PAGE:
Svalbard is unlike any other location and we strongly recommend you read the information below so you have a good understanding of what life is like deep inside the Arctic Circle. It is for those with a love of nature, an appreciation for spectacular scenery and special locations and will appeal to anyone looking for a holiday with a difference. Svalbard is an environmentally sensitive location and the ice coverage in winter is often used as an indicator of global warming.
Polar bears are the largest living predator on Earth and are generally recognised as the symbol of Svalbard. There are 3000 polar bears on Svalbard and these sensitive creatures are vulnerable to climate change, pollutants and human interference.
Rules protecting polar bears are strict and it is forbidden to lure, pursue, seek out or disturb them; hence there are no ‘polar bear excursions’. Polar bears can appear anywhere at any time on Svalbard and you should never venture outside the settlement without a qualified guide.
The Svalbard Dictionary
Svalbard – is the name given to the entire archipelago.
Spitsbergen – is the name of the largest island within the Svalbard Archipelago.
Longyearbyen – is the main town / settlement on Spitsbergen and Svalbard.
Midnight sun – the period when the sun does not set (mid-April to late August)
Polar night – the period when the sun does not rise (late October to mid-February)
The northern lights are potentially visible on Svalbard mid-September to mid-March.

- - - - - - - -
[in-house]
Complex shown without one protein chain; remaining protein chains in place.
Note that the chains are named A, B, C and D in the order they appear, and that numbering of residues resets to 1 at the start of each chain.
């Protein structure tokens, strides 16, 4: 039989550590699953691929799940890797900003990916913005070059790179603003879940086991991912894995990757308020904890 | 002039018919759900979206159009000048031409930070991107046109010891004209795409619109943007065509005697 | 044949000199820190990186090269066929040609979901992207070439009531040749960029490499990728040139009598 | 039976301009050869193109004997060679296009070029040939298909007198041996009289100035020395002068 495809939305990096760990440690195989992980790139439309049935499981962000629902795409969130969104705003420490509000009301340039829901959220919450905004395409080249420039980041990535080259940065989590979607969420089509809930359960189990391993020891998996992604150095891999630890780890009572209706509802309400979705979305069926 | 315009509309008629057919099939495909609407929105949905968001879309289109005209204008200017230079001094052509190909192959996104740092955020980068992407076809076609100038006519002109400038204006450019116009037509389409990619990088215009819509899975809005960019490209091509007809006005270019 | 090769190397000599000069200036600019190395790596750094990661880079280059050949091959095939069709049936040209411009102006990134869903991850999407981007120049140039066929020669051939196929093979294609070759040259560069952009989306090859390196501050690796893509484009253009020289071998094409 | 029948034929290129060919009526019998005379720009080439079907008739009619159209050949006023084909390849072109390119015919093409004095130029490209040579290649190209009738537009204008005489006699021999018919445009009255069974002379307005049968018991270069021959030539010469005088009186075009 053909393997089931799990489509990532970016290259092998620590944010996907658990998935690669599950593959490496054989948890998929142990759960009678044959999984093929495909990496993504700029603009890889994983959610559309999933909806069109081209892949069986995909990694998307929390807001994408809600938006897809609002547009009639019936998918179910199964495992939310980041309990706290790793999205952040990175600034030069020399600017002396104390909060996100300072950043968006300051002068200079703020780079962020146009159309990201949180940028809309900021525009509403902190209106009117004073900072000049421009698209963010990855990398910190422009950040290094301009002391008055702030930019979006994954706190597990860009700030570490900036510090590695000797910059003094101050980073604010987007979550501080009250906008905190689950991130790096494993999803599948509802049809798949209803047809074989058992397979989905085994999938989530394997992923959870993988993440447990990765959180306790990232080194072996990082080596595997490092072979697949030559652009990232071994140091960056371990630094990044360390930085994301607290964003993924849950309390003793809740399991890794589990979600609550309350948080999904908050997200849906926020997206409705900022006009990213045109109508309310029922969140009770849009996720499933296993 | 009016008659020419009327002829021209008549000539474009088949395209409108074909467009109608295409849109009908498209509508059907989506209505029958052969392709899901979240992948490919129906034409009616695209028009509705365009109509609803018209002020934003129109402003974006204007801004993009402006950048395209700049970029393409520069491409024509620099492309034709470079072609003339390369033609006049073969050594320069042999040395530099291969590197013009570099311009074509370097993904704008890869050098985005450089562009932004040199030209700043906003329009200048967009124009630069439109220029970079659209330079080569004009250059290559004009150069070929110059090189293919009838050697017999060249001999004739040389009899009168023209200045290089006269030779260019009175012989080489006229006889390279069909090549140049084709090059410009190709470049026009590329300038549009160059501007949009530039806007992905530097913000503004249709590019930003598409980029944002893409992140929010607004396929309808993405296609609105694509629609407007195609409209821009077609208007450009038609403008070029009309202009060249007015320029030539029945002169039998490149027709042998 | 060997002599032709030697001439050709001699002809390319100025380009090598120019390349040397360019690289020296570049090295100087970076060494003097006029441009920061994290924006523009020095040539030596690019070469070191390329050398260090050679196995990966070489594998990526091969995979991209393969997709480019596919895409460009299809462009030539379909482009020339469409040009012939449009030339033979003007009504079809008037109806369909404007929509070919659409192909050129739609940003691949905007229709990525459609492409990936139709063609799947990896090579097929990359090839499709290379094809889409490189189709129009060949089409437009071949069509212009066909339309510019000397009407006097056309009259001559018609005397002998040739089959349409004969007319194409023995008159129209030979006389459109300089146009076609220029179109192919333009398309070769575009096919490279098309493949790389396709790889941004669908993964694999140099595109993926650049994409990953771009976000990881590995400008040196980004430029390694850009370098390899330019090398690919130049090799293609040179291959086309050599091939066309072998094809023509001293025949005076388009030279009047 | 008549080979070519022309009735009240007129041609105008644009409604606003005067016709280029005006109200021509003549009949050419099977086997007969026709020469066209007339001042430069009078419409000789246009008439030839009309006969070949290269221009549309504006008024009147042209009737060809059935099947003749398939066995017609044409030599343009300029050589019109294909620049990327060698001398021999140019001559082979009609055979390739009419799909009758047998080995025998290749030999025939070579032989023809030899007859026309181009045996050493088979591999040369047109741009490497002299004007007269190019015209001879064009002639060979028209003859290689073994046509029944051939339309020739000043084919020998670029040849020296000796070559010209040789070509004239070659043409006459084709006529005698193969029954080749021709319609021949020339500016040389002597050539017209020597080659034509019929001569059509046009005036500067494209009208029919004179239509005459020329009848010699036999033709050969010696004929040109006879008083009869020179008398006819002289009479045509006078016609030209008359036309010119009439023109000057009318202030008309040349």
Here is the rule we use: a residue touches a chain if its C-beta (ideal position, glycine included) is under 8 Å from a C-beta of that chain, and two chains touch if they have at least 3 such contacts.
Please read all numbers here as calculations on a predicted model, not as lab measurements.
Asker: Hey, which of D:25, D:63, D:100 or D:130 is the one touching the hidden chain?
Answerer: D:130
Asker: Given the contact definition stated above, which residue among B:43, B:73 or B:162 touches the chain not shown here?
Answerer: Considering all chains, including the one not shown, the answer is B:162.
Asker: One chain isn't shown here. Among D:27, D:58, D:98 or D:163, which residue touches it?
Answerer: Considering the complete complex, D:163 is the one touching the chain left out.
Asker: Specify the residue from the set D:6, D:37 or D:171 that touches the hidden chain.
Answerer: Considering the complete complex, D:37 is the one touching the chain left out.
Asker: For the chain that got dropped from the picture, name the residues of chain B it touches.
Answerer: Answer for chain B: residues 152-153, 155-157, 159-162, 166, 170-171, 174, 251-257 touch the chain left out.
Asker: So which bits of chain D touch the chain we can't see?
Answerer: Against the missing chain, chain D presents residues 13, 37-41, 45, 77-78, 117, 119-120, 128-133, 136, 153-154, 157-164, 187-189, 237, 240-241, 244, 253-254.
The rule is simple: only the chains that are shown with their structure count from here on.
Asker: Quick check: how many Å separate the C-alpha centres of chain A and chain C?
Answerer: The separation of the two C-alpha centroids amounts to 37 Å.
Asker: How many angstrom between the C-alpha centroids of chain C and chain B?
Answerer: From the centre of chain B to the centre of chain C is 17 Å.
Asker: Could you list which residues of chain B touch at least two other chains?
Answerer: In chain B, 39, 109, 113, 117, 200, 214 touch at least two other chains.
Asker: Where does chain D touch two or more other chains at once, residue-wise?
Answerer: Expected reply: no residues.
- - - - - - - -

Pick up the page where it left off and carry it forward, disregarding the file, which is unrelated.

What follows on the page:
Weather and Climate
A land of extremes! With endless summer days and never ending winter nights the weather can be unpredictable so close to the North Pole. In the middle of summer temperatures average +7C but can be as warm as +17C or as cold as 0C. In the depths of winter, when Svalbard is covered in a blanket of virgin snow, average temperatures are -15C and extremes can reach 0C and -30C. During the winter warm outer clothing can be included in your holiday.
Passports and Visas
All visitors need to go through passport control. The identity of all travellers between Svalbard and the Norwegian mainland will be checked upon arrival and departure. Please note that if you need a visa to arrive to Norway (not relevant to British passport holders) you will need another visa (double entry) to enter Norway again after your visit to Svalbard.
The Norwegian Krona is used on Svalbard and international credit and debit cards are widely accepted so only a small amount of local currency is recommended.
Standard European sockets at 220V.
Svalbard has a complicated history dating back to the 12th century. Whaling, hunting and fishing have played an important role and many countries tried to claim Svalbard during the 16th and 17th centuries, including Britain, France and Denmark. Following WWI, the 1920 Svalbard Treaty granted sovereignty to Norway and Svalbard became an economic free and demilitarized zone. Today Longyearbyen and Svalbard have an established, low-key tourism industry.
Glaciation covers 60% of Svalbard and the highest point is 1700m above sea level. Longyearbyen is the world’s most northerly town and has just 2700 residents and this northerly latitude means the midnight sun shines from the end of April until the end of August – leave your body clock at home. There are no roads on Svalbard outside the settlements, so villages are connected by boat, snowmobiles and aircraft.
Polar bears are not the only animals on Svalbard! You will also find reindeer and a myriad of bird and marine wildlife. It is not unusual to see whales and seals during your stay on Svalbard, and boat safaris around Isfjord offer some wonderful wildlife experiences. There are 7 national parks, 15 bird sanctuaries and 6 nature reserves; all allow these animals to thrive in the Arctic.